Double daffodil with yellow flowers and green leaves

The Spruce / Evgeniya Vlasova

Triandrus daffodil with white flowers and yellow hanging bells

The Spruce / Evgeniya Vlasova

Cyclamineus daffodil with yellow swept-back flowers and orange bell

The Spruce / Evgeniya Vlasova

Jonquilla daffodil with yellow and white flat flowers

The Spruce / Evgeniya Vlasova

Tazetta daffodil with white flowers and yellow cluster

The Spruce / Evgeniya Vlasova

Split-cupped daffodil with orange flowers

The Spruce / Evgeniya Vlasova

Potting and Repotting Daffodils

Daffodils can grow well in containers for up to three years if the pot is deep enough for their roots to fill out. To successfully plant daffodils in containers, follow these easy steps:

  1. Choose a pot that is eight to 12 inches in diameter, and at least eight inches deep. The deeper the better, since daffodil roots like to reach down about a foot. Make sure your chosen pot has drainage holes.
  2. Fill the container about two-thirds of the way with potting mix.
  3. Disperse the bulbs in the pot—close, but not touching—so that their points are just below the rim of the pot.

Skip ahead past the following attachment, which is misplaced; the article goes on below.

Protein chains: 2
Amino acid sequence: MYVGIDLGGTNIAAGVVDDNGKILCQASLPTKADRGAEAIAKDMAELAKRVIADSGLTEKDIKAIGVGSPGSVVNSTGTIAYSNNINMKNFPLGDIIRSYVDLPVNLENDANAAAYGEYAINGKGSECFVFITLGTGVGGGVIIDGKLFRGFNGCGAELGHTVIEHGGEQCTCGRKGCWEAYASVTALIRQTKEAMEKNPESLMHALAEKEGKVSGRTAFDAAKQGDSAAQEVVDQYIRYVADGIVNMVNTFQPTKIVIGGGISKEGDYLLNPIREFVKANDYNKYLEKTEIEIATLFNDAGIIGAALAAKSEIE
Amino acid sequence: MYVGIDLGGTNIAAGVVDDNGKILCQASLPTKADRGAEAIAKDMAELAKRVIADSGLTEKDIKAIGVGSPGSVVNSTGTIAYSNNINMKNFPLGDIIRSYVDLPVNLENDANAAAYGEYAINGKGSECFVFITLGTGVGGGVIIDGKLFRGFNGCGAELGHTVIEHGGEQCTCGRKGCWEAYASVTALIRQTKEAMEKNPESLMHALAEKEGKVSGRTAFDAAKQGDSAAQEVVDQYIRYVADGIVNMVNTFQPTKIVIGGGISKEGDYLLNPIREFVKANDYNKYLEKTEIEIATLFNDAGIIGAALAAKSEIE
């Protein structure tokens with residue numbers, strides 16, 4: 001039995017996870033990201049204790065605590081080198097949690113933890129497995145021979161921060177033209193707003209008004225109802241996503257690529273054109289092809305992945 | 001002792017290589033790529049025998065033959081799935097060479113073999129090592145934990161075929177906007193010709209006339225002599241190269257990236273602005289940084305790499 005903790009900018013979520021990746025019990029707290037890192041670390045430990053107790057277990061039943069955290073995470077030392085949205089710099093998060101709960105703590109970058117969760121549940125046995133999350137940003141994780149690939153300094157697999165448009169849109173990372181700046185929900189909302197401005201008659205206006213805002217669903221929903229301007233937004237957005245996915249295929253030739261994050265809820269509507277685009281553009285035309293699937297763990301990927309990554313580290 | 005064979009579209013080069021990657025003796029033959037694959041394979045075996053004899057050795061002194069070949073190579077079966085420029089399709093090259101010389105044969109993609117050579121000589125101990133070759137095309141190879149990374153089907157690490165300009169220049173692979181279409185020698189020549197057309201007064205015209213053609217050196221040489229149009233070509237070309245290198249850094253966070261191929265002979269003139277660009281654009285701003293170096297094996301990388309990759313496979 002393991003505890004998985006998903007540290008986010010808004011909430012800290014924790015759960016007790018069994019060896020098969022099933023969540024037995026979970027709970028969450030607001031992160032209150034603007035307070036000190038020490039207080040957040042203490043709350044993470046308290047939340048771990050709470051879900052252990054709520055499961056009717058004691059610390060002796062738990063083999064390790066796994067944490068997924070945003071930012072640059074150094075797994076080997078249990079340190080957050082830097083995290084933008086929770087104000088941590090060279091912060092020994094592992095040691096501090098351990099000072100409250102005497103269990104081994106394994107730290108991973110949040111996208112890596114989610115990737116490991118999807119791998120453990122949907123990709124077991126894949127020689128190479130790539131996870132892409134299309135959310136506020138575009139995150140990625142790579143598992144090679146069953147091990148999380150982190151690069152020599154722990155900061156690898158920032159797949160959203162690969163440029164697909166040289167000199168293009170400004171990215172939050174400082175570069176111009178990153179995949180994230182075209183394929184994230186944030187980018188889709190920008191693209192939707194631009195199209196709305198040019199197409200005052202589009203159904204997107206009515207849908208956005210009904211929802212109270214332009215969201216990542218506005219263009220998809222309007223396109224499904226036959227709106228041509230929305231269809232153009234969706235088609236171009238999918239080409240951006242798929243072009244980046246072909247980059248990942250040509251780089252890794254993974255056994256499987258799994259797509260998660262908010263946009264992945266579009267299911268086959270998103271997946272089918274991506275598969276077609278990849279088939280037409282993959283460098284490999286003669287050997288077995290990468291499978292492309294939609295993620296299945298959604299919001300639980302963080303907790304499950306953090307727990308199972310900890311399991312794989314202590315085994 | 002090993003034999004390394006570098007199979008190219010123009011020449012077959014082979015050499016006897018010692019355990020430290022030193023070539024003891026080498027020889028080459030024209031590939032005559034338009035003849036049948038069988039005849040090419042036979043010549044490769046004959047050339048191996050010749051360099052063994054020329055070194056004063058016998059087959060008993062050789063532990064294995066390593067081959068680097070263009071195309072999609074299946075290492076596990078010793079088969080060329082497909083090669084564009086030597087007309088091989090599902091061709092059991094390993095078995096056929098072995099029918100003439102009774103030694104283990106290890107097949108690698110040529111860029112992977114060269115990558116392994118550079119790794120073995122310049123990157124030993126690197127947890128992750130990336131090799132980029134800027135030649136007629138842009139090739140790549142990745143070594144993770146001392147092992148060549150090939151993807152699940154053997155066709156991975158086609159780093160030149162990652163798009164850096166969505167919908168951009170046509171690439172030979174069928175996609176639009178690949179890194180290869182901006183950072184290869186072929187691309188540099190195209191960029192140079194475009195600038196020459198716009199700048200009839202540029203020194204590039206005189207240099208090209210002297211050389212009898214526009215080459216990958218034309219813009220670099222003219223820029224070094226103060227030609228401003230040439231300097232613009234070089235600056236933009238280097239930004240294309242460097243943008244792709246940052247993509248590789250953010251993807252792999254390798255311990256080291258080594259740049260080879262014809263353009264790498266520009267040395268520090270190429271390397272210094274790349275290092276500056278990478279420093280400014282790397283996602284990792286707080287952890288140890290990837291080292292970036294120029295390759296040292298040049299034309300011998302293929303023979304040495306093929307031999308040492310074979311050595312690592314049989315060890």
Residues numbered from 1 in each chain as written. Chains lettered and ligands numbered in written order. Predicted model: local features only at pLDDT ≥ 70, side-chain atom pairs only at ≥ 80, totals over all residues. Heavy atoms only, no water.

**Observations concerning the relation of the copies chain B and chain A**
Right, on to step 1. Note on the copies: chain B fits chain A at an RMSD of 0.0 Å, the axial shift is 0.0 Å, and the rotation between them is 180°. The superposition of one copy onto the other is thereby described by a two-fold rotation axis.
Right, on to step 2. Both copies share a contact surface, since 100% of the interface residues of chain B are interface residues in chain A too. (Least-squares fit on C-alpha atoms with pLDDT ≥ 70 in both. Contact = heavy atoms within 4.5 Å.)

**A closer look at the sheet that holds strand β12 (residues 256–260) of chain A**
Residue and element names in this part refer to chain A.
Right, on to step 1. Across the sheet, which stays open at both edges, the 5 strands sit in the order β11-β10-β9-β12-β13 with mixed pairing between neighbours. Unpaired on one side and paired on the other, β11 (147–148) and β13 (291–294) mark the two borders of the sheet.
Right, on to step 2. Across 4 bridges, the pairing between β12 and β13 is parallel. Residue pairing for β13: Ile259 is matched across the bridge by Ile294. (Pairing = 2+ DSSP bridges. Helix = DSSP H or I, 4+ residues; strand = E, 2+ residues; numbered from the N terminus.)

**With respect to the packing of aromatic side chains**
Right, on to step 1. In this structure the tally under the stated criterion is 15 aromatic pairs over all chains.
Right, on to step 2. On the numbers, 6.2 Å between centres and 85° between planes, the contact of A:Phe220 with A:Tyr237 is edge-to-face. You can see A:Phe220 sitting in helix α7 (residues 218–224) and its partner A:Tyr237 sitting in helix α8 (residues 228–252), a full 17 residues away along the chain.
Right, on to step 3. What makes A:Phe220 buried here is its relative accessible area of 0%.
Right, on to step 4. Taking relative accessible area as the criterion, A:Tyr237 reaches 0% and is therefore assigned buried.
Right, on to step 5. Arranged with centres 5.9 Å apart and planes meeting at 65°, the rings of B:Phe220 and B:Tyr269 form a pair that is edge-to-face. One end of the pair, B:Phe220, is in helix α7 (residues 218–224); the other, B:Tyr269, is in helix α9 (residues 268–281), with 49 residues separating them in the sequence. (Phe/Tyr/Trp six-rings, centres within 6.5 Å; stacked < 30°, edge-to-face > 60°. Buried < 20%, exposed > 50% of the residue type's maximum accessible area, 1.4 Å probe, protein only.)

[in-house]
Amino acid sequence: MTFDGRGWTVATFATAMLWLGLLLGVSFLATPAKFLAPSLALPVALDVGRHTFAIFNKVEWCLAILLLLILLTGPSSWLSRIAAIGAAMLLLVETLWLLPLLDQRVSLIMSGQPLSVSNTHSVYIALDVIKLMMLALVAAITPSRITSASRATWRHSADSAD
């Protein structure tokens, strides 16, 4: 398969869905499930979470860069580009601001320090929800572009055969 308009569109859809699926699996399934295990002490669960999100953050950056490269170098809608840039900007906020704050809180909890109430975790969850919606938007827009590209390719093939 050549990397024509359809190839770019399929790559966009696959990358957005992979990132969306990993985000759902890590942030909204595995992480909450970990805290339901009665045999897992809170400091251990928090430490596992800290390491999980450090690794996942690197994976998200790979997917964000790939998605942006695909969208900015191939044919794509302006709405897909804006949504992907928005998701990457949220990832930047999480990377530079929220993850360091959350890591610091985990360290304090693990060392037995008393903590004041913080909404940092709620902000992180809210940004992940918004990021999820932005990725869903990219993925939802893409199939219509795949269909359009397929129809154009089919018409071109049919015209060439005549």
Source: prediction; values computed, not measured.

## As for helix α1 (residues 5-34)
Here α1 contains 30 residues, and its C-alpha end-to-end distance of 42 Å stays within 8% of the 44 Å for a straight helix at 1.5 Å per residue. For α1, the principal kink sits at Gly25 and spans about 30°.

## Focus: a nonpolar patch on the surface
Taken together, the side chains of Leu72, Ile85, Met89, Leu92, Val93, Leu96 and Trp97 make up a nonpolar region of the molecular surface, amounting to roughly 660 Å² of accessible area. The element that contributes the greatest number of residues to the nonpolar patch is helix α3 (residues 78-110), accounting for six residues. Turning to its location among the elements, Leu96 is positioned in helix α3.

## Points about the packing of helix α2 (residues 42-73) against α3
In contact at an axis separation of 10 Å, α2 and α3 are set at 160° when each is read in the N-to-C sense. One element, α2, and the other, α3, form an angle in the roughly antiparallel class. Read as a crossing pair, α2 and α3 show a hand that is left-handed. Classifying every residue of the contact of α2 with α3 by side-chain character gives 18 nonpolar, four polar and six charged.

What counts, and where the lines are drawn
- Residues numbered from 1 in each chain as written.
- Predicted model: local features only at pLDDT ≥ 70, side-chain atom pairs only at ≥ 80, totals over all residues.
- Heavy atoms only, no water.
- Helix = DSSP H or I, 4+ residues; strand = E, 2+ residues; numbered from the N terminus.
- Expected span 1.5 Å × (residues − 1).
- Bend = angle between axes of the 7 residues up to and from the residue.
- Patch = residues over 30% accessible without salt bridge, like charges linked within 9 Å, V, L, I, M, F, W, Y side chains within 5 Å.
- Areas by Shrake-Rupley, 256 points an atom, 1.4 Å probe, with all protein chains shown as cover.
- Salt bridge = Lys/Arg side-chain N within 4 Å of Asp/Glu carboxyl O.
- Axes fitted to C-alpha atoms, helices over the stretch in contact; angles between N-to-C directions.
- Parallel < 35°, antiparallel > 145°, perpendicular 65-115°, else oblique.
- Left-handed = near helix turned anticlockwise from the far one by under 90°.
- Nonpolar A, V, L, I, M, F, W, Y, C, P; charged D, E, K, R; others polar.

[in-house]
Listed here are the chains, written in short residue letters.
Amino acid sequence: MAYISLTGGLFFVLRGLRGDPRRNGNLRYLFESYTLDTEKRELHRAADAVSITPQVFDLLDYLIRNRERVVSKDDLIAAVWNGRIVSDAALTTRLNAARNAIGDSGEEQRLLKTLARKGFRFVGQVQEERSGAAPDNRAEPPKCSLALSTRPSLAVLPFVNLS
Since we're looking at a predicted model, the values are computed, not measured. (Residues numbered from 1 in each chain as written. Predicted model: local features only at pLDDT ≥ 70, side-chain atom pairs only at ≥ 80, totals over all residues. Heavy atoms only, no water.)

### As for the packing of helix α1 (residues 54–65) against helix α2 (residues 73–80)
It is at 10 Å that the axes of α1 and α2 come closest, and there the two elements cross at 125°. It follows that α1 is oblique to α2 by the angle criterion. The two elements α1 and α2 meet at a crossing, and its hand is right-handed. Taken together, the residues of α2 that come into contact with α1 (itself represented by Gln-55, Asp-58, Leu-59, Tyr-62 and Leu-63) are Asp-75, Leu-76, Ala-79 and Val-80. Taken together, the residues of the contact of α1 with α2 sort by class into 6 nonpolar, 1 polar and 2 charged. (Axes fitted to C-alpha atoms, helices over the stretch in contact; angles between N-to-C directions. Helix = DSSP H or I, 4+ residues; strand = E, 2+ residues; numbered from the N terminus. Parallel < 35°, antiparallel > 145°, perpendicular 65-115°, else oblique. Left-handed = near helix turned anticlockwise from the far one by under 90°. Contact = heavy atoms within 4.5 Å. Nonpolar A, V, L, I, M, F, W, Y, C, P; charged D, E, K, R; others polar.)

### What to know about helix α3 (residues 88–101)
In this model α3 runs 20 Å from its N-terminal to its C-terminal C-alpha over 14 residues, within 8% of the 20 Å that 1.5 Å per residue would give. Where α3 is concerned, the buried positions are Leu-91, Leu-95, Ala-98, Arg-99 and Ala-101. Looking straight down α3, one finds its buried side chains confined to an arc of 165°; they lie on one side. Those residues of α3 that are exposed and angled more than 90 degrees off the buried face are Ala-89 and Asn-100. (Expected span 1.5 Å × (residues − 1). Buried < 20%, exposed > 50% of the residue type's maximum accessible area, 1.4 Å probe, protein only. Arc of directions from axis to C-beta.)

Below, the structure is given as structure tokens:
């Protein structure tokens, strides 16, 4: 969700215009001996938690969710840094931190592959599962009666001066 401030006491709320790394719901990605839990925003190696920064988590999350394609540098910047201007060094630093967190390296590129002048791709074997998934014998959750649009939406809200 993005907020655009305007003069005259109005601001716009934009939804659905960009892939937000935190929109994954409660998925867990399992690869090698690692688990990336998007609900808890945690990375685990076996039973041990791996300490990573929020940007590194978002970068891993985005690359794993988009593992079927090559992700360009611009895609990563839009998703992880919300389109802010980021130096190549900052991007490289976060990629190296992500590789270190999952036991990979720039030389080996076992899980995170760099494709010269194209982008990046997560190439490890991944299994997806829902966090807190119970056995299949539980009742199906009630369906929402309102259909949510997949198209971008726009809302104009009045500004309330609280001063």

4. Lightly cover the bulbs with soil and water well.
  5. Move the container to a cool, dark spot where the temperature remains steadily around 40 to 45 degrees Fahrenheit for 12 to 15 weeks.
  6. Water whenever the soil feels dry.
  7. After the chilling period, move the container to a sunny but cool spot (around 55 to 65 degrees Fahrenheit) and continue watering.
  8. When leaves emerge, the container can be moved into indirect sunlight—but keep it cool. Warm temperatures will diminish flowering. Continue watering whenever the soil feels dry.
  9. Leave your daffodil bulbs in the pot after flowering. Move the container to a shady spot and continue watering it once or twice a week.
  10. Top dress with a handful of fertilizer or bone meal.
  11. When the leaves die off, place the pot on its side and let it dry out. Then start all over again.
  12. Potted daffodil bulbs can bloom for two to three years in the container, but will do better if you move them to a spot in the ground and pot up fresh bulbs each year.